Deep packet inspection vendor Allot Communications said it performed an analysis of its customers' mobile data traffic around the world durin the month-long World Cup event in June and July and found that traffic levels jumped significantly--not just during the 64 games.
Overall, mobile data traffic increased 24 percent during the matches, and surprisingly, browsing was the biggest form of data consumption, not live video streaming. Mobile browsing saw a 35 percent jump during games.
"The growth in Web browsing occurred continuously in all matches, irrespective of whether the overall bandwidth rose or fell during that specific match," the report said. "This increase seems likely to stem in part from the dozens of mobile applications available to World Cup fans, providing football- and match-related information in real time, direct to the mobile device. Another reasonable explanation is the World Cup domination of everything social media from Facebook to Twitter, including the list of top tweeted topics during every week of the tournament."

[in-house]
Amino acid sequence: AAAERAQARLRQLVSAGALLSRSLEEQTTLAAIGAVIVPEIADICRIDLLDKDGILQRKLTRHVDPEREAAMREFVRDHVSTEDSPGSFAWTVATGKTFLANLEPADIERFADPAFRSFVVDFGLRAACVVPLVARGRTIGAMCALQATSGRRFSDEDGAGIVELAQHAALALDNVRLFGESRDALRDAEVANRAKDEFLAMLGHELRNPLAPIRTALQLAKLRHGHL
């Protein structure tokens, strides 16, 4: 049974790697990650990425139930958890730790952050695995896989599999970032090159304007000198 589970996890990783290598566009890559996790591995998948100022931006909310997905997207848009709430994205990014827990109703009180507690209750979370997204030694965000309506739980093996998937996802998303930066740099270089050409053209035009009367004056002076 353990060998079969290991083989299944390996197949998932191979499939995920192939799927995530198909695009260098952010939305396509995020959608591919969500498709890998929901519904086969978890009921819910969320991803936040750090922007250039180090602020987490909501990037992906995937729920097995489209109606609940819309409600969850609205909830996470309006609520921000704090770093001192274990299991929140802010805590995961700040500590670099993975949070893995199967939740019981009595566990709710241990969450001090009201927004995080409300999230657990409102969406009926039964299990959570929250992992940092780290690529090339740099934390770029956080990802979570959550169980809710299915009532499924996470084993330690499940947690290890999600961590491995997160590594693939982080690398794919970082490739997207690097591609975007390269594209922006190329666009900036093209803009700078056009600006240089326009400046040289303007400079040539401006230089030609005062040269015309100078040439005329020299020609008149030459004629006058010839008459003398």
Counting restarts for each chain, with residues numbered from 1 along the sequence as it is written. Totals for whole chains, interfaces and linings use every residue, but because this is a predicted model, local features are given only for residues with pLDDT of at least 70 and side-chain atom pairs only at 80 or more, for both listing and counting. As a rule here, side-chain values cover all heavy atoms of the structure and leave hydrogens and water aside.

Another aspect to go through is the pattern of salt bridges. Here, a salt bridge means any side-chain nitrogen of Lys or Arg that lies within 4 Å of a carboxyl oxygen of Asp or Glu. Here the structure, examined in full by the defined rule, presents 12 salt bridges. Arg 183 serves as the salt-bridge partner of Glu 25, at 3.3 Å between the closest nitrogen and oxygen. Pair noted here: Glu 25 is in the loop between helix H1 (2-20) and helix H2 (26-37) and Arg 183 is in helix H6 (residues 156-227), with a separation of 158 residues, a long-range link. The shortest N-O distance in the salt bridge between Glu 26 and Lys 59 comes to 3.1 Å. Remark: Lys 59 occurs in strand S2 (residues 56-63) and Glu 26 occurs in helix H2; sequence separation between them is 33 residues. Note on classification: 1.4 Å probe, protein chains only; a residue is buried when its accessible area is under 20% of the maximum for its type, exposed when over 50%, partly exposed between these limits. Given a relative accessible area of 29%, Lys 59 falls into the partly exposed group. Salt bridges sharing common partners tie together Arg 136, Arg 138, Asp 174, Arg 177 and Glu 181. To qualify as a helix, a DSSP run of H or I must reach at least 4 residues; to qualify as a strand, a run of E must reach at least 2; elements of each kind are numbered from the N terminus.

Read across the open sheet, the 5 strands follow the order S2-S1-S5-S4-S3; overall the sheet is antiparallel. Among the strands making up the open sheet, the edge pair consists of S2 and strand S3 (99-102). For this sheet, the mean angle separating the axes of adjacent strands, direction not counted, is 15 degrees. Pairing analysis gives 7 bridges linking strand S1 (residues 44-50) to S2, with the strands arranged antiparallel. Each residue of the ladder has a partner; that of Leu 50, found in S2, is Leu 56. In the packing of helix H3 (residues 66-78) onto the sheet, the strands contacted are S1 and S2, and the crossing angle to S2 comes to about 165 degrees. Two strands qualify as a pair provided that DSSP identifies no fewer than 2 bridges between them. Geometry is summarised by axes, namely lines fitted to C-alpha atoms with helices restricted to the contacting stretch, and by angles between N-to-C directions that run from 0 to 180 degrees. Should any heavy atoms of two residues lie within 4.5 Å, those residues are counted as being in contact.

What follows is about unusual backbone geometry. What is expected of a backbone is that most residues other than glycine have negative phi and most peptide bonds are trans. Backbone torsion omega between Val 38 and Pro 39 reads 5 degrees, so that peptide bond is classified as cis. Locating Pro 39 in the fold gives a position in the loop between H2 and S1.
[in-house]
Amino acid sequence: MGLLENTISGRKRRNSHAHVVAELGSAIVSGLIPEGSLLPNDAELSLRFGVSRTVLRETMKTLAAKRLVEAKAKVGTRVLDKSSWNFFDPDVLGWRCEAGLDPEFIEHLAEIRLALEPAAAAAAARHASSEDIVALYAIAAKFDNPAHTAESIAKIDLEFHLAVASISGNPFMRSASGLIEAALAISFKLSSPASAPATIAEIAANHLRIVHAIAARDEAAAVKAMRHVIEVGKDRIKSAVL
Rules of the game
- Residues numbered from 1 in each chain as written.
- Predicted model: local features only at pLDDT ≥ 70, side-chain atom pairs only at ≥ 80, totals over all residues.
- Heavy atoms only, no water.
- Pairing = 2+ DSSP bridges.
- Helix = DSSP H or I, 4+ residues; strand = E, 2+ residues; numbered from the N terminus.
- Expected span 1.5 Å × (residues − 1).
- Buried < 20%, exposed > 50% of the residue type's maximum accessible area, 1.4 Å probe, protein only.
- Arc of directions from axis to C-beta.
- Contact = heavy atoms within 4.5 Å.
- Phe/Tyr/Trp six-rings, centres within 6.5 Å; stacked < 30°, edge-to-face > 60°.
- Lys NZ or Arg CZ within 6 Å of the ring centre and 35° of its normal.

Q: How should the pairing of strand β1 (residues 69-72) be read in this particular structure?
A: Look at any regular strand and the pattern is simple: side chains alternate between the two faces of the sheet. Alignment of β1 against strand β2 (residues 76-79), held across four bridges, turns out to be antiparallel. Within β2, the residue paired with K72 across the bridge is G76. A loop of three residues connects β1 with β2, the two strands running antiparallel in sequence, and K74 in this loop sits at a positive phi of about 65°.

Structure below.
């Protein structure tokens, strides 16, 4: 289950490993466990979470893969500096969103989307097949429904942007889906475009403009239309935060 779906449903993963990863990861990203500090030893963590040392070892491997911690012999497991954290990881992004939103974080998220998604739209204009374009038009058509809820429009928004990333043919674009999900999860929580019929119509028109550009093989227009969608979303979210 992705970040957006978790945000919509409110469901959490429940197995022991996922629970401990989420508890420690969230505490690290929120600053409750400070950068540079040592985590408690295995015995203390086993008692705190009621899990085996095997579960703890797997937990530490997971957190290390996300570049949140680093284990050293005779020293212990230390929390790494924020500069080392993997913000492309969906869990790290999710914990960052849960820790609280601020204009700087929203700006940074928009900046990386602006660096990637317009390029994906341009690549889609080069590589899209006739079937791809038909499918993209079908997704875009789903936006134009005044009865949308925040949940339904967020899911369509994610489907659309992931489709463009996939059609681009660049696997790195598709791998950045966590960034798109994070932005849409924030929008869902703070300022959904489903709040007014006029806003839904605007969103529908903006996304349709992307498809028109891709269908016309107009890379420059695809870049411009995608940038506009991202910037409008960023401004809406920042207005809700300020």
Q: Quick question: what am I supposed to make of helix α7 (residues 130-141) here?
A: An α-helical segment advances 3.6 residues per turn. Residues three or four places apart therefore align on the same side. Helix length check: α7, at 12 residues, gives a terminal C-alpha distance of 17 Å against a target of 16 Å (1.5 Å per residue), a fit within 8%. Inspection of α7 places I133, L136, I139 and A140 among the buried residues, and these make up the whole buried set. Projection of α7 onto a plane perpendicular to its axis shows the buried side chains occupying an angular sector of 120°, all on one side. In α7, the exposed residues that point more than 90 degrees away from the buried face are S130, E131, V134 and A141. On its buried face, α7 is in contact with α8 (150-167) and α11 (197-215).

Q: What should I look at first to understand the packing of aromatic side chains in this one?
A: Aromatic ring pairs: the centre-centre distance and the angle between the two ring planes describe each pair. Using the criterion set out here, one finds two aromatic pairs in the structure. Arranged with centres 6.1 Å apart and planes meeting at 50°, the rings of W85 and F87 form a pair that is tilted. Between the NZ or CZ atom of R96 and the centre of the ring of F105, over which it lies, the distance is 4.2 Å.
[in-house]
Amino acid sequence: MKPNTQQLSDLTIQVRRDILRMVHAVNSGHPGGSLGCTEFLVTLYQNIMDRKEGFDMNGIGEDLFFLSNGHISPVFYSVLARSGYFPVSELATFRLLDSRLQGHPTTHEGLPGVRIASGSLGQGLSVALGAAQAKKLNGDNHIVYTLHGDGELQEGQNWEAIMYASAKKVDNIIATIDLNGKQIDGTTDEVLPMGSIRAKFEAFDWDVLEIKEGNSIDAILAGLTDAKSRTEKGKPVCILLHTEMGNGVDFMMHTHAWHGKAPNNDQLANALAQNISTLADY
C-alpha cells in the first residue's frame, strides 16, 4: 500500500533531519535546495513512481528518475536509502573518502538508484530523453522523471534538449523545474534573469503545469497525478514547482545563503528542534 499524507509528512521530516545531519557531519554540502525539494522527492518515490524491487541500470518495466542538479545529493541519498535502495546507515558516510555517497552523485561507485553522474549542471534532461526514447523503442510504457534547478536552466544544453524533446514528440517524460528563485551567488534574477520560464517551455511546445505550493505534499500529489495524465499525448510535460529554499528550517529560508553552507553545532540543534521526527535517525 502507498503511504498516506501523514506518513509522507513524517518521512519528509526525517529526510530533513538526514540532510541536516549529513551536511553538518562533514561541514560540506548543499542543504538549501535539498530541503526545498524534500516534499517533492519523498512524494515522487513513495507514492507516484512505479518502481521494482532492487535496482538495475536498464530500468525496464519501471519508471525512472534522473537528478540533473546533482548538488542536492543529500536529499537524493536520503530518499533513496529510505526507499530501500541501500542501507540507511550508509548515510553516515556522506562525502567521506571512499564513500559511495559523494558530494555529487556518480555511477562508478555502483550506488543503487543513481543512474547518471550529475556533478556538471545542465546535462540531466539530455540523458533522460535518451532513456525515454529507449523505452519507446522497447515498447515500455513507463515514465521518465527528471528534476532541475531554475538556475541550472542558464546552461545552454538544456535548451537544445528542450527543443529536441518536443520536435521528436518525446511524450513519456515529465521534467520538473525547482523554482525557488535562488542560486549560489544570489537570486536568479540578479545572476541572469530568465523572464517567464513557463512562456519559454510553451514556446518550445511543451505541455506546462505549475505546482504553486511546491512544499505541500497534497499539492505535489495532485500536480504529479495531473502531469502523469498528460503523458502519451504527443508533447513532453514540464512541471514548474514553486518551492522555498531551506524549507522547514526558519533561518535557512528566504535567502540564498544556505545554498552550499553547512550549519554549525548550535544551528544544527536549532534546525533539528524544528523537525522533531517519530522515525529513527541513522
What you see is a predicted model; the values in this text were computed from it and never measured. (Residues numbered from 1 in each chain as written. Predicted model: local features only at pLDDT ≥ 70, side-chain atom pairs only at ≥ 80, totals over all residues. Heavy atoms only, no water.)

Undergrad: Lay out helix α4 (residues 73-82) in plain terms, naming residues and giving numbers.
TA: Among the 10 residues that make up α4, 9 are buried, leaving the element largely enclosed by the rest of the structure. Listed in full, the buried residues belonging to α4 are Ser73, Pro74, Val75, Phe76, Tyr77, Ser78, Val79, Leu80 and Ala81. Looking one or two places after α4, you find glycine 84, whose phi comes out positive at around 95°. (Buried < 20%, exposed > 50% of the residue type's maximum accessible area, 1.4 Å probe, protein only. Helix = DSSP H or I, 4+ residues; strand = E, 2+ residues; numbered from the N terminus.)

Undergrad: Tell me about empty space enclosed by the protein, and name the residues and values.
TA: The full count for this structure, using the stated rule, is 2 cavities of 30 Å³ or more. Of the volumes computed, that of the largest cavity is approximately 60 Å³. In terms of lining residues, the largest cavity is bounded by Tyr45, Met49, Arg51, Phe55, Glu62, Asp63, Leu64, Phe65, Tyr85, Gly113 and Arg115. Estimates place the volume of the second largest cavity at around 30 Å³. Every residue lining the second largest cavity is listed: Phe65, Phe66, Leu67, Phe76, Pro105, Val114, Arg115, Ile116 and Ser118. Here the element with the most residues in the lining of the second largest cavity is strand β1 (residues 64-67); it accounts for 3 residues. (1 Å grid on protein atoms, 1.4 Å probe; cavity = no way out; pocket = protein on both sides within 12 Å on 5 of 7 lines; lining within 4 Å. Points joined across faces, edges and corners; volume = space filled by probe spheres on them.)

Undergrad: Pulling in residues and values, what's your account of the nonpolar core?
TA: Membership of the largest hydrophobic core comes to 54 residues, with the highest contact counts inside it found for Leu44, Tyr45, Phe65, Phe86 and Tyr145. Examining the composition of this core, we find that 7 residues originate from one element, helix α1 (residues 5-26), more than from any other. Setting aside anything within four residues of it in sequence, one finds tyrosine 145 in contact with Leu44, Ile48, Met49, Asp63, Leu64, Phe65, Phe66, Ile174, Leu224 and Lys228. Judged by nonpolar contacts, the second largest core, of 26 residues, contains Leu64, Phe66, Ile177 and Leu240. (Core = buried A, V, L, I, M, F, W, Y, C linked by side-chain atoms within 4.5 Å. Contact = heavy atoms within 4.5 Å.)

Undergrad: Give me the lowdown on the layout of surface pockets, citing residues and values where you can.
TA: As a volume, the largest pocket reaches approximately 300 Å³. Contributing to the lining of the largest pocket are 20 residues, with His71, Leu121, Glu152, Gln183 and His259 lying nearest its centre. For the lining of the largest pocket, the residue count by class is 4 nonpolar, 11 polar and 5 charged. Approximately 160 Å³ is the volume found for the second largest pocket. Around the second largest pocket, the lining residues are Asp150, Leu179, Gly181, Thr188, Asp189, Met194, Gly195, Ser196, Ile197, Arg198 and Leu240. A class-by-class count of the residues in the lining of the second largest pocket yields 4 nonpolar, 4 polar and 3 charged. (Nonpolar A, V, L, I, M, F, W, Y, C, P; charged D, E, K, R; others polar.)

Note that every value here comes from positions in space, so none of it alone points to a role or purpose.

On a whole, video streaming increased 11 percent during the games, but mornings after the matches, streaming on YouTube increased 32 percent and video streaming increased 22 percent overall as fans recapped the highlights of the previous games.
"The small screen did not replace the big screen during the FIFA 2010 World Cup, but instead created a new category," Allot's Mobile Trends study found. "Rather than replacing televisions, mobile devices found a niche where they function alongside the big screen, enhancing the viewer experience by offering additional information in real time and providing the ability to watch replays at leisure and share them with friends."
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